Stavatti’s Business Model is conceptually similar to that of other major aerospace corporations with the exception of basic leadership and operating tenants. Stavatti generates revenues and net shareholder earnings through the design and production of major fixed wing aircraft and aerospace vehicles, like Lockheed Martin and Boeing. Stavatti is owned by shareholders who elect a board of directors who in turn appoint executive officers to manage the daily business affairs of the corporation, like Lockheed Martin and Boeing. Unlike Lockheed Martin and Boeing, Stavatti is a privately held corporation that develops the majority of new aerospace defense products as privately financed, corporate initiatives.
A fundamental difference separating the Stavatti business model from that of all other domestic aerospace defense prime contractors is the Stavatti focus upon Selling What We Make rather than Making What We Sell. The majority of domestic military aircraft manufactures are not responsible for the conception, requirements specification, design, development and testing of new aircraft types. The government user agency, be it the Air Force, Navy or Marine Corps, which issued the contract is. Domestic government user agencies are responsible not only for providing the congressional funding for new weapon system development, but for total program origination and management with the SPO serving as a principal element in program administration.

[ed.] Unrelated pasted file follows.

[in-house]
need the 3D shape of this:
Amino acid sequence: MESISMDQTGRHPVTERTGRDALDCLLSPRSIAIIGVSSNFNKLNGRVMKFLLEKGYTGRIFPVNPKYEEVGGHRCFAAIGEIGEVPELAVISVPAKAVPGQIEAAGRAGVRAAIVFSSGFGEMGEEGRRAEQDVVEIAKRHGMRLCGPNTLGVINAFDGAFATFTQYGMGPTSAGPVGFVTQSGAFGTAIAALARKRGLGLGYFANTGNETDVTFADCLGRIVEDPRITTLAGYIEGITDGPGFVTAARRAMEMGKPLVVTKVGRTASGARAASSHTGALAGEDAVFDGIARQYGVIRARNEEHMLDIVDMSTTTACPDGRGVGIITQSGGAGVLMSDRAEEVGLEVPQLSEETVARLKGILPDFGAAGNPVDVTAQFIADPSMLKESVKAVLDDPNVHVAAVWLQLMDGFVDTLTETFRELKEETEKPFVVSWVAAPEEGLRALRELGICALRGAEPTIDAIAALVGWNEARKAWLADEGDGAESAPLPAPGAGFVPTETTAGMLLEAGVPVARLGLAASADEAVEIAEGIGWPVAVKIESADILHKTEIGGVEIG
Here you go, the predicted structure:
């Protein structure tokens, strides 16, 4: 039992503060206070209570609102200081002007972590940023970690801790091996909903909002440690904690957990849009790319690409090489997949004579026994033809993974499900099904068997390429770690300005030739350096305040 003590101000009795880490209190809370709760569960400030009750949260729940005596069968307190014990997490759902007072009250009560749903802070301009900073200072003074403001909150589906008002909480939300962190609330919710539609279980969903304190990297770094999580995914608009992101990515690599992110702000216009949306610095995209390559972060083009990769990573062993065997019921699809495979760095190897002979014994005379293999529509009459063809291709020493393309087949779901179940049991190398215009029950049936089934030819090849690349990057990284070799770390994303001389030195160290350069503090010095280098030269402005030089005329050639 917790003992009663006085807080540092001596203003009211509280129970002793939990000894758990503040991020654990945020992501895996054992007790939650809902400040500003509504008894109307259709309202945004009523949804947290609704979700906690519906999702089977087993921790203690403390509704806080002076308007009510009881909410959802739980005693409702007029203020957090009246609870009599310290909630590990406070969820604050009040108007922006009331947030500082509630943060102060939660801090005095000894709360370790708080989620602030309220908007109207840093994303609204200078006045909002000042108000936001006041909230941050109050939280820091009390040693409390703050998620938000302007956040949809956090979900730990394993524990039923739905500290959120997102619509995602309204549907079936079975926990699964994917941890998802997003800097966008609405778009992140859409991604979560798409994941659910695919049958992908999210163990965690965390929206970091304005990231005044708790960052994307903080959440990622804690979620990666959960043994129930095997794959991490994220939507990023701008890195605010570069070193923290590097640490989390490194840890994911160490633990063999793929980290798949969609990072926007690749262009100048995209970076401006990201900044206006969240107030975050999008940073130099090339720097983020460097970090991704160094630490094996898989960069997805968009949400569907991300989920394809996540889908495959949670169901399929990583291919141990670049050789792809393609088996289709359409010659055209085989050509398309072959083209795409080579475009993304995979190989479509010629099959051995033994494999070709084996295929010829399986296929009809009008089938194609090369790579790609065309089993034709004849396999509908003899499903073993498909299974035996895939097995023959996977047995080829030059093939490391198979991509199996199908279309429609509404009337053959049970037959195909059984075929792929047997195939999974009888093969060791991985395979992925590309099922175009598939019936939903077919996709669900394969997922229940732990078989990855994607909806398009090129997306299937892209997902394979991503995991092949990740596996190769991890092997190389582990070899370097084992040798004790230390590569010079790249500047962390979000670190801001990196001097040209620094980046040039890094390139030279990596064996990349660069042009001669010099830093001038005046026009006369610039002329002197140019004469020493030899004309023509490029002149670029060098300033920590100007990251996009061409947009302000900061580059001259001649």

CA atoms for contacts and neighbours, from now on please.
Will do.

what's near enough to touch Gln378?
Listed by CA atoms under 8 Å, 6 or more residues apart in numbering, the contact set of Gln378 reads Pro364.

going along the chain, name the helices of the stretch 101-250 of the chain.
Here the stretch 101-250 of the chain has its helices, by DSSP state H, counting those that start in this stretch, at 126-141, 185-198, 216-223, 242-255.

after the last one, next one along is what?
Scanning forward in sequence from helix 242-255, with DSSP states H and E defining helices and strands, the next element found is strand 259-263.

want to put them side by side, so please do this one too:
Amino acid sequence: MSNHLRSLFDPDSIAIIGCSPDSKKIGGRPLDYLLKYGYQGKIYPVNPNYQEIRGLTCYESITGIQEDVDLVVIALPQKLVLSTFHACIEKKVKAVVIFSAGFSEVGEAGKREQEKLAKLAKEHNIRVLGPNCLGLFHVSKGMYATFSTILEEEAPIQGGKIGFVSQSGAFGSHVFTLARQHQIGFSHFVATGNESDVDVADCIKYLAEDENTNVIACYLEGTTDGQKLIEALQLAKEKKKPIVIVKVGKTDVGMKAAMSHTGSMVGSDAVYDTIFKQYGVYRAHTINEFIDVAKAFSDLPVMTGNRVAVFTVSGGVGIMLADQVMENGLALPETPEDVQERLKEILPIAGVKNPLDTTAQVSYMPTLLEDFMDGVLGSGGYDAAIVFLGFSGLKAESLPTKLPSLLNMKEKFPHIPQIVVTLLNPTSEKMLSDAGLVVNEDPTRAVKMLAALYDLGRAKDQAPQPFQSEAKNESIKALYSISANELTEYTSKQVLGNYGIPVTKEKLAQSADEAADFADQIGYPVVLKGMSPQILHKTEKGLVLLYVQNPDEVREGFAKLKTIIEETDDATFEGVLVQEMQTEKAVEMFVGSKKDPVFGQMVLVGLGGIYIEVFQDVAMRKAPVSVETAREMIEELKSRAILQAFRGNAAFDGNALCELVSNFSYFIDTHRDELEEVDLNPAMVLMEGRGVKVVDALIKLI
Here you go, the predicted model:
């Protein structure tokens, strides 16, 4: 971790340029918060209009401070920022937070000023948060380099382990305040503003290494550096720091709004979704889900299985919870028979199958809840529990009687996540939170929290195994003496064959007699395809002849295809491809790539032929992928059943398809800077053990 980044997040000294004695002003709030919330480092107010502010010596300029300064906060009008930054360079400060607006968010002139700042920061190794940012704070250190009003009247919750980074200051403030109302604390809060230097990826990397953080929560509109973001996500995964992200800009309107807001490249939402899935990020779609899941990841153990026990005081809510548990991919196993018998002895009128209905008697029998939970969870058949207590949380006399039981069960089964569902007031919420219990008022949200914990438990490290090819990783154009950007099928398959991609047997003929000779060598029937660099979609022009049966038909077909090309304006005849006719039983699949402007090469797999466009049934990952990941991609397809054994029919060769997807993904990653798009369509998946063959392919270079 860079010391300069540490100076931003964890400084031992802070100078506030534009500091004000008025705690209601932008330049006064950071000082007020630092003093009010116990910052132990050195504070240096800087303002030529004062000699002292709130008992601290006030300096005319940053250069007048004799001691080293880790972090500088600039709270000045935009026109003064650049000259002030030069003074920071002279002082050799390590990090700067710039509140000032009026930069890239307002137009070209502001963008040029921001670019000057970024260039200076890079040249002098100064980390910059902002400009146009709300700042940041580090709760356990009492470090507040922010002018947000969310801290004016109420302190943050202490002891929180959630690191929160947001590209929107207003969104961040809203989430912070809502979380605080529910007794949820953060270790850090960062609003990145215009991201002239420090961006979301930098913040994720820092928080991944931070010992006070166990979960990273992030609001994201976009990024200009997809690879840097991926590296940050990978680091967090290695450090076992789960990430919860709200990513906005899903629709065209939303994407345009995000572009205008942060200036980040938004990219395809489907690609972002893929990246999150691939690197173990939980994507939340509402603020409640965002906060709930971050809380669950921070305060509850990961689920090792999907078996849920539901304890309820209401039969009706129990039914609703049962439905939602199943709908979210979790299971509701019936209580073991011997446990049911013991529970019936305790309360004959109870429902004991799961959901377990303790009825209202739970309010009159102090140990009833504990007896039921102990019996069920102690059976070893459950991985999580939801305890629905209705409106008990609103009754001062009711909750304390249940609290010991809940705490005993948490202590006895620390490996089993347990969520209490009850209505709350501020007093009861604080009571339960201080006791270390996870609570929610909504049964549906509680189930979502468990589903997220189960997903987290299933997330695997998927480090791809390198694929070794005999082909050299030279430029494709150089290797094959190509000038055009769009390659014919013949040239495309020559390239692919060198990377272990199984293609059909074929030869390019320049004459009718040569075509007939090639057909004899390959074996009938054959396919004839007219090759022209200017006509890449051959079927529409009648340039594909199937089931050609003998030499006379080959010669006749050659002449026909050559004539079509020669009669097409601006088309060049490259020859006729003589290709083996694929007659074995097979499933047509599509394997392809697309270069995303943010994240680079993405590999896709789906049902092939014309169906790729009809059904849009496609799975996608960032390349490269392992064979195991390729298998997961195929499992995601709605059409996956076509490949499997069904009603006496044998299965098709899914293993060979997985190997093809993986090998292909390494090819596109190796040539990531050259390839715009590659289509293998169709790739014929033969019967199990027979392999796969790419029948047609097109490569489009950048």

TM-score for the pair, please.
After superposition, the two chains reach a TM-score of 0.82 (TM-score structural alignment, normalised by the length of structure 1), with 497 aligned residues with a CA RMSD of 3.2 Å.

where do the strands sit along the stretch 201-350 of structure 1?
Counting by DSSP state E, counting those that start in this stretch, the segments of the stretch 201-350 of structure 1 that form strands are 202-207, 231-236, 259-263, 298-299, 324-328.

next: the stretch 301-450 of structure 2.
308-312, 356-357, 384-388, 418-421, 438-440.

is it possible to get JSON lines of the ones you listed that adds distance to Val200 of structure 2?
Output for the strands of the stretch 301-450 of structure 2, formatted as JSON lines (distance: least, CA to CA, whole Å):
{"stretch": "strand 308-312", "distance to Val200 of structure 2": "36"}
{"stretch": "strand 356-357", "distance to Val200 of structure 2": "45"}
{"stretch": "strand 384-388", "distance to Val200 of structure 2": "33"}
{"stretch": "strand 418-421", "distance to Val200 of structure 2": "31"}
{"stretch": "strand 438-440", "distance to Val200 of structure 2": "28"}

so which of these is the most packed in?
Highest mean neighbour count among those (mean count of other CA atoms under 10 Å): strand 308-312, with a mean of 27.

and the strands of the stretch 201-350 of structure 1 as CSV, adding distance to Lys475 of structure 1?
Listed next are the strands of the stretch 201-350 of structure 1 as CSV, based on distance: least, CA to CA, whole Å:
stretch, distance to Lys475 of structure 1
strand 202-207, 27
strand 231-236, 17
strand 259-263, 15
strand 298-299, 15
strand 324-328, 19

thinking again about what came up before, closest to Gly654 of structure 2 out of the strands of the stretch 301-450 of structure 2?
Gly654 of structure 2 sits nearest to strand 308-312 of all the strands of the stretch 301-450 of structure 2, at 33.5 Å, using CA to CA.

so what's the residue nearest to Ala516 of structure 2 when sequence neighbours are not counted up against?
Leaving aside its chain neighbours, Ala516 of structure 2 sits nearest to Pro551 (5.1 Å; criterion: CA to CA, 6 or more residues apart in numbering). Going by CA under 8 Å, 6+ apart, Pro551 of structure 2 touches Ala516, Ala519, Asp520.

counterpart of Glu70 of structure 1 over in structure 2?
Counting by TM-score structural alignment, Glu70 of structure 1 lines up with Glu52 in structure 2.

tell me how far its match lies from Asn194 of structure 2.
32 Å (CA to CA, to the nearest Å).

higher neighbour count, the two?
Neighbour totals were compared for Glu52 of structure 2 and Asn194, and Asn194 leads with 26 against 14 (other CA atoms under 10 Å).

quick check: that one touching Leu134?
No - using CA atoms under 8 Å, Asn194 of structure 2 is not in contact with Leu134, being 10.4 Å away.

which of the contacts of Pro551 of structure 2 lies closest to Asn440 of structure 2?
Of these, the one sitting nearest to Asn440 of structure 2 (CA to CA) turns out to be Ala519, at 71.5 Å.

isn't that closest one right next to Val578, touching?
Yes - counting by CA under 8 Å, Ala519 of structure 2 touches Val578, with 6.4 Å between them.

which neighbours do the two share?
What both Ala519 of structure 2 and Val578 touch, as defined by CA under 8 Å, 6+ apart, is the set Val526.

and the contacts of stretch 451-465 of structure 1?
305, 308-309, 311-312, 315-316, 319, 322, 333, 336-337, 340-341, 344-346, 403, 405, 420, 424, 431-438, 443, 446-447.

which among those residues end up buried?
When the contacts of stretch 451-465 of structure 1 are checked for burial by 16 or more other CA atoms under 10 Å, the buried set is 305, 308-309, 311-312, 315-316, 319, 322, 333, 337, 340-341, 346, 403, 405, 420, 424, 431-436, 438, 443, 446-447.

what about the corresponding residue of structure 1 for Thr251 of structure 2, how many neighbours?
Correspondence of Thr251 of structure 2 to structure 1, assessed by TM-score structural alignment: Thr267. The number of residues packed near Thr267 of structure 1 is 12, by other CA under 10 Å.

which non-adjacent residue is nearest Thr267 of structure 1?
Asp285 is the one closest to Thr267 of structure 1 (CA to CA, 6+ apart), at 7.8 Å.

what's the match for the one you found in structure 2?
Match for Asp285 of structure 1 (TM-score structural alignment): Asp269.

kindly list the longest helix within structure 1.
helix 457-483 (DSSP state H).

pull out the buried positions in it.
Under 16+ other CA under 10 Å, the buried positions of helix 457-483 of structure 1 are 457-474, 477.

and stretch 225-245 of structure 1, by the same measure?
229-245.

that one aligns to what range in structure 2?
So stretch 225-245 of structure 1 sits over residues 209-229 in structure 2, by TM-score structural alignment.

Contractors compete for the opportunity to participate in the user agency program and serve as designated end manufacturer of a new weapon system. Contractors win contracts based upon their ability to satisfactorily convince the government user agency that they can produce a product whose design aspects are yet to be specified to satisfy not yet thoroughly assessed system requirements within a specific time-frame at a specific total procurement cost. Contractors “sell” the government on their ability to make a new weapon system and then are responsible for actually making that which they just sold. Occasionally this practice, known as a Total System Contract, works. Often it does not, and the resulting air weapon system comes in at a significantly greater cost than originally envisioned and long overdue, not to mention overweight, underpowered and generally far less capable than originally specified. The A-12, F/A-22 and F/A-35 JSF programs are excellent examples of the shortcomings associated with Making What We Sell. Making What We Sell has been the standard aerospace industry practice for a number of decades and in the case of the aerospace industry, has been the only method by which relatively new weapon systems can receive development dollars.